Friday, November 22, 2013
Megpoid the Music# (PSP) - Review
The Hipster's Alternative for Japanese Rhythm Games
A pet-peeve of mine is when I come across a review that compares one game to another. Oftentimes games are compared to another solely because they share the same genre, and no matter their individual styles and offerings being different the review ultimately depends upon drawing a better/worse-than conclusion. It's unfair, if not offensive, to the game being reviewed---
Unfortunately, there is absolutely no way I can avoid doing just that with Megpoid the Music# (Megpoid), the first game from studio ParaPhray, and Sega's Project Diva series. There is no other way to look at Megpoid other than it being a clone of the Project Diva games, as just about everything in Megpoid is unashamedly modeled to an exact after the content found in Diva titles. From the visual focus on an Idol performing, through that of the in-game shop and it's various offerings, all the way through having a "Room" where the player can interact with the game character on a more social scale, there is nothing that separates Megpoid from Project Diva outside of variously small differences.
The summary of those small differences though is that everything that separates Megpoid from Diva is ultimately for the worse.
Bite-Sized, from Platform through Content
Megpoid has a sizable music selection; boasting 30 songs, the expectation would be that Megpoid delivers in form of content. But it's a trick; of those songs, there are few any longer than a minute, and even then just barely. And while I'm not familiar with these songs and did not research all of them, the few I did all turned out to be longer, fully-fleshed songs.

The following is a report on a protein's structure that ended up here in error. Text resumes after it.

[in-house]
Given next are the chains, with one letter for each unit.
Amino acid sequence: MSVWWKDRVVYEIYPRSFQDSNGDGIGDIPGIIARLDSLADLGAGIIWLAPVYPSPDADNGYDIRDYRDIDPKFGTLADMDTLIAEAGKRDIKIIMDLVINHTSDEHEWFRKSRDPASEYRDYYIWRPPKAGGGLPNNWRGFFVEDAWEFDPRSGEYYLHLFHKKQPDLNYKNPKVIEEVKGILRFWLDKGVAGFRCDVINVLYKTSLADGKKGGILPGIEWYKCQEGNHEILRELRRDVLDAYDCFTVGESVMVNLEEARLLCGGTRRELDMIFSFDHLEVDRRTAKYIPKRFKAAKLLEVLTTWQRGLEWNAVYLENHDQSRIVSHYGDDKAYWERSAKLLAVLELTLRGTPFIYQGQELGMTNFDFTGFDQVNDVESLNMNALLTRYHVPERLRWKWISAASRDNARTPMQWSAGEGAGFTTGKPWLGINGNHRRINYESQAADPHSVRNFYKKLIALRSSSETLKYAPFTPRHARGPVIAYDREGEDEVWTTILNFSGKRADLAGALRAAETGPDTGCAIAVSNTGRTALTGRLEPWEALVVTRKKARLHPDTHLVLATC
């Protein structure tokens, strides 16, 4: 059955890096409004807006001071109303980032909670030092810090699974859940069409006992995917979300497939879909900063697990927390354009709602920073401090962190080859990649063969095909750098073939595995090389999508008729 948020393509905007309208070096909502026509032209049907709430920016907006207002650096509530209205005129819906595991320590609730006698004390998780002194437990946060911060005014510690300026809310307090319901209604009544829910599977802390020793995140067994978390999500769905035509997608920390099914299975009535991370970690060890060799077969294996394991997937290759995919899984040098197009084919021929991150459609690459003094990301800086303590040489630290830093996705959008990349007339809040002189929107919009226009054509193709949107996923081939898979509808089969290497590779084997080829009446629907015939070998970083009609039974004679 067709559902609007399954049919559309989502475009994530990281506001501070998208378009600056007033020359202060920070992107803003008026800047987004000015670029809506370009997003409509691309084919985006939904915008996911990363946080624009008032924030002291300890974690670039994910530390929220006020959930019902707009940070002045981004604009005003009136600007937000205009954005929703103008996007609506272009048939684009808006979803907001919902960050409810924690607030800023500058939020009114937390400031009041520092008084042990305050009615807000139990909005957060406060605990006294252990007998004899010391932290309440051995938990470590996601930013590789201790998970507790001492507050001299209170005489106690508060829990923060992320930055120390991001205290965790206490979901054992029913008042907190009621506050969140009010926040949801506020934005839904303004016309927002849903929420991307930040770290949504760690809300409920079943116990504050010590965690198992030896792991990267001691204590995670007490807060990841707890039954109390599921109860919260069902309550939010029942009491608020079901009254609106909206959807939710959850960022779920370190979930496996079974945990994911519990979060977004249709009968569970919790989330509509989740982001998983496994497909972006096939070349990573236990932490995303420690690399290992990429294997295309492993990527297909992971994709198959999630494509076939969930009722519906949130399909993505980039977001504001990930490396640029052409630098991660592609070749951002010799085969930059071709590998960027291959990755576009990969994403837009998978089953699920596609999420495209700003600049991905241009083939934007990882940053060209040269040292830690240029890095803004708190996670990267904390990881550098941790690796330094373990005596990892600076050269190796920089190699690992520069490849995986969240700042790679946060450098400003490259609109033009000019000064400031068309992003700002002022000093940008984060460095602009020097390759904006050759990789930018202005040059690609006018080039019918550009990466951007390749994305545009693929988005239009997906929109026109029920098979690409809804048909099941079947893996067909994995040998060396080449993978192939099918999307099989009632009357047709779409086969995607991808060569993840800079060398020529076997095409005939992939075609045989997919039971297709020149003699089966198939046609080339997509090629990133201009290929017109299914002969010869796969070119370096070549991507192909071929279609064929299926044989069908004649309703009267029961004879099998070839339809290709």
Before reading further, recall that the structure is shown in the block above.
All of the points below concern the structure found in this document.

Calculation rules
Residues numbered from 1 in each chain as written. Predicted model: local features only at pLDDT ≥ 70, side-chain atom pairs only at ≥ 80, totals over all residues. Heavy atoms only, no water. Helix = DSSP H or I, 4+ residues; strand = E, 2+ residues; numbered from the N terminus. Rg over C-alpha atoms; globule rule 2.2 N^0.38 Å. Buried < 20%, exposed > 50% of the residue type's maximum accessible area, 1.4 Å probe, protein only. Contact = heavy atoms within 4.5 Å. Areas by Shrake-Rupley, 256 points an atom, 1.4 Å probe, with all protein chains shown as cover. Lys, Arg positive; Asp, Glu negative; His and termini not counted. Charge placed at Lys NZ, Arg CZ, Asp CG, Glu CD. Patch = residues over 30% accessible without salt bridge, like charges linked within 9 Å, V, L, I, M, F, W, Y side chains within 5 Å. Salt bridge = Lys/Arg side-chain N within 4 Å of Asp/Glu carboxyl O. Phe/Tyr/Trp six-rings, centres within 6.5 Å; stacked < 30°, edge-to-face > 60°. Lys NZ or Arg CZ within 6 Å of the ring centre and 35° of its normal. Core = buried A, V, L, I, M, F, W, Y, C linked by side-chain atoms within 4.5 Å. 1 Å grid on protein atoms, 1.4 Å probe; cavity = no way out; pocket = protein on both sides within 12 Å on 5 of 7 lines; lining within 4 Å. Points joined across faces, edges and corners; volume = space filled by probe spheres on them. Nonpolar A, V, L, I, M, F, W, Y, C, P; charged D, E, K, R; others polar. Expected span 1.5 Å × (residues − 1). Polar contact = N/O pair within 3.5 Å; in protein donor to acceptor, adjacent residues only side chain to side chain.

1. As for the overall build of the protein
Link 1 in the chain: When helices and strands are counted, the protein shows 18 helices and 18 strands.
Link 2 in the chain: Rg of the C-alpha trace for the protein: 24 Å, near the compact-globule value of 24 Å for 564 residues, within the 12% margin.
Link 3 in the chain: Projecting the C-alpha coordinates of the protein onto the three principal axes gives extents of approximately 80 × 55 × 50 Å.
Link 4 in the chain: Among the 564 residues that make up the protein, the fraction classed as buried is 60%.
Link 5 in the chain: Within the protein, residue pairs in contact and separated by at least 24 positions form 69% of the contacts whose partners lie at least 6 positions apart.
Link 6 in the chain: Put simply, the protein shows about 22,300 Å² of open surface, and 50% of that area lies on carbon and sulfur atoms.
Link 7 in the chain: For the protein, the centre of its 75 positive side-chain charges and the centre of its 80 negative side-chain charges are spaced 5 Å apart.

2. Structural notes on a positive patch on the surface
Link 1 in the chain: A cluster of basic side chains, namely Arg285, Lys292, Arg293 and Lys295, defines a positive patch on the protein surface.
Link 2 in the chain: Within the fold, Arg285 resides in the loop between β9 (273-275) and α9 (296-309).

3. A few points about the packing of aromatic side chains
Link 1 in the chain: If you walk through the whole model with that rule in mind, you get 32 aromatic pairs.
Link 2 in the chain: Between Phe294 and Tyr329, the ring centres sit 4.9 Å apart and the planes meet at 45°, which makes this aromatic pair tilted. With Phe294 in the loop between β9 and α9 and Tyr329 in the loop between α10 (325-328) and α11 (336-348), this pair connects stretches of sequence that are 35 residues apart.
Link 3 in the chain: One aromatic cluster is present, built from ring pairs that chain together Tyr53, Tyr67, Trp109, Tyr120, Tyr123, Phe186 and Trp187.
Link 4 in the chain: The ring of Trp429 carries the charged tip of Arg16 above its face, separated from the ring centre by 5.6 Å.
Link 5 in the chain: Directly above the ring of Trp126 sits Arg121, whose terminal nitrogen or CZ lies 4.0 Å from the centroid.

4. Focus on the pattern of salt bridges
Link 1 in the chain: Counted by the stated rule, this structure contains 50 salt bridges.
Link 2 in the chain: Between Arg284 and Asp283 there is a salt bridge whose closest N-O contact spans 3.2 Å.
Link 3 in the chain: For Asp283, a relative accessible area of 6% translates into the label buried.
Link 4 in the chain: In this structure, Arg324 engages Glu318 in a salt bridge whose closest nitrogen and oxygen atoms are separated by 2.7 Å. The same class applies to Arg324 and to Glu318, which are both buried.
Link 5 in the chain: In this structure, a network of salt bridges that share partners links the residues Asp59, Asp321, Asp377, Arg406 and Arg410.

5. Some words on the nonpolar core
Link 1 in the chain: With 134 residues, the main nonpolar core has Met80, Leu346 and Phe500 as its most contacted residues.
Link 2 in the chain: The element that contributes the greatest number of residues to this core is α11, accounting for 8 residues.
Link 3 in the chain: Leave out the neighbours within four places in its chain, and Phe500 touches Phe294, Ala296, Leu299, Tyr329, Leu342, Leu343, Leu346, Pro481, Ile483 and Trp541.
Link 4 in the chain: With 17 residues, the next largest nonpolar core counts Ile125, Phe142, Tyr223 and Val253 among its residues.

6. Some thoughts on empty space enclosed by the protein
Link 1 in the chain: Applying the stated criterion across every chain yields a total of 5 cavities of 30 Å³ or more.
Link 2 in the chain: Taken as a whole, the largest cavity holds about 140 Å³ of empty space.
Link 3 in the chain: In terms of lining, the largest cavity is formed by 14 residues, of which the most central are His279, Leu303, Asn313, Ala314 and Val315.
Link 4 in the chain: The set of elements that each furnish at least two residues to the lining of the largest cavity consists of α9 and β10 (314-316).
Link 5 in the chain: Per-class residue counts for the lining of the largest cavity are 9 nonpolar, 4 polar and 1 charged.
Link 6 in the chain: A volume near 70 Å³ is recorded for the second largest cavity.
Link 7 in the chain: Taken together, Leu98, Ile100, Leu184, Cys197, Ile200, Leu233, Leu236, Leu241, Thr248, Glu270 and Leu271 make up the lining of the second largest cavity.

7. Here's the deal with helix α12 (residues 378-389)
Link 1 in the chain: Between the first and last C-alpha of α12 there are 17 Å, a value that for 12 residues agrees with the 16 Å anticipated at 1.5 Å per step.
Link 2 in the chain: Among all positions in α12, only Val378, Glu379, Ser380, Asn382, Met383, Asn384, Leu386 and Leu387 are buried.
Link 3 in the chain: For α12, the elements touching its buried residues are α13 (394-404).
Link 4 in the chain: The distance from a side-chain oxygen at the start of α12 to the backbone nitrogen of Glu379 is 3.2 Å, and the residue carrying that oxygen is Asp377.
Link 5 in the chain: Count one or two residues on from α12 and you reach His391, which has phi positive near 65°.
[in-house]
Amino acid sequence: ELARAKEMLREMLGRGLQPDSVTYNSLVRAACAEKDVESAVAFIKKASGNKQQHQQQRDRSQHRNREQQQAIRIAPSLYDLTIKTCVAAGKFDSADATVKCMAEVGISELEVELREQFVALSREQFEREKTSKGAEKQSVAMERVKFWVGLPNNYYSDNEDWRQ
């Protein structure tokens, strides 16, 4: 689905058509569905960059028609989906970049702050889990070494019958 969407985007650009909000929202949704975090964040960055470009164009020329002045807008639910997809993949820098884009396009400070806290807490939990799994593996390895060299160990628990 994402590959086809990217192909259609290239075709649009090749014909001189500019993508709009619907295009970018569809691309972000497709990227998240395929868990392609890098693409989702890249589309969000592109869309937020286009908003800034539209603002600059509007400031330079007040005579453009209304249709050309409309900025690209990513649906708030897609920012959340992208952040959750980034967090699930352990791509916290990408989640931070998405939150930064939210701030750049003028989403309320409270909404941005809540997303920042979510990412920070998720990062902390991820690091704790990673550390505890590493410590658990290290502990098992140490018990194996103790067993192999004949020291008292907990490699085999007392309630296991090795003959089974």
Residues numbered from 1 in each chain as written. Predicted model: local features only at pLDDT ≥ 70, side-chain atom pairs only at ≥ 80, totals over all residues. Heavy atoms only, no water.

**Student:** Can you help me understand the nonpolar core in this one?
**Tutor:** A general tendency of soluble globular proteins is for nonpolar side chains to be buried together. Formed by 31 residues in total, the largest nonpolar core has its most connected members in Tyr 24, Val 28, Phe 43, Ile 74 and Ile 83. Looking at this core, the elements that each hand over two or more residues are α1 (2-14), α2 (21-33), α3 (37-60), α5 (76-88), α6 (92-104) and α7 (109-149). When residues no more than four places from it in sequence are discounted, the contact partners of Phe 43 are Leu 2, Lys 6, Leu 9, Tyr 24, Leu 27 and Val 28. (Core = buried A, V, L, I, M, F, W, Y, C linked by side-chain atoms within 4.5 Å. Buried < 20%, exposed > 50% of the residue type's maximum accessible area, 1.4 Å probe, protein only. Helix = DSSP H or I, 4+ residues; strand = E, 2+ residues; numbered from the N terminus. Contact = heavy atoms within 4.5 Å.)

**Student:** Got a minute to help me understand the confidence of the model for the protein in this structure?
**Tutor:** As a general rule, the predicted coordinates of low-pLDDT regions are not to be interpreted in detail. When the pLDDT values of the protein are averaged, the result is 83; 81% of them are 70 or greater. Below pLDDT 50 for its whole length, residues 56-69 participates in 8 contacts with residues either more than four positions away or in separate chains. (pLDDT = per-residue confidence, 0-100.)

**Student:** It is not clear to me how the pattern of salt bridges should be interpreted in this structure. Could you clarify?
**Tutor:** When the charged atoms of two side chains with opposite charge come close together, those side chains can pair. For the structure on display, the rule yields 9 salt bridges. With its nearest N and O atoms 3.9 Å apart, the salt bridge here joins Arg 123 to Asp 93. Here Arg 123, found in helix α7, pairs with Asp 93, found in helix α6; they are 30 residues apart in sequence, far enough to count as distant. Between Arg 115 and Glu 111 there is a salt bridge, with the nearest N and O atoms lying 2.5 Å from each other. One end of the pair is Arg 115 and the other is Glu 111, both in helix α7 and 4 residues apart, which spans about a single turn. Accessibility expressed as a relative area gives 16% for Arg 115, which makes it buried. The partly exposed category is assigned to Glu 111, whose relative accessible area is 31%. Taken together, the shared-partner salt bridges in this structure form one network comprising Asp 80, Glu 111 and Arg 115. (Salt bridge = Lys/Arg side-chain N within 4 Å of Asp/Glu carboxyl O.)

Megpoid's soundtrack is a sampler, and while what is applicable in-game is mostly fast-paced, exciting and enjoyable pop-music, it is ultimately shallow, lacking the impact of music as an expression because what is offered is only a blatant commercial slice from the most thrilling moment in a song. It's sort-of like a kid being told he's off to the toy store, but then arriving after the store has already closed; the emotion and vision were there for a moment, but in the end there's only a cold, shallow hollowness.
Outside of the music there is, as mentioned above, other staples from the Project Diva games. Outside of the room where you can interact with Gumi (the main character), there's also a shop where you can buy costumes and ornaments/toys for the room as well as a ranking system to keep you coming back (another painfully obvious rip, using English words like "Excellent" and "Wonderful"). Unique to Megpoid is that it supports up to four-players at the same time, but exactly how this plays out or whether or not it accentuates the experience is outside of my knowledge (New Jersey is not a prime location for finding Megpoid players).
Mostly, Megpoid is strictly a rhythm game, one that wants the player to boogie with its fast-paced selection and chow down incrementally with what is offered. This is fine, except Megpoid's uninspired gameplay design provides little more than bore and even hurt.
Right-to-Left, and Again and Again and Again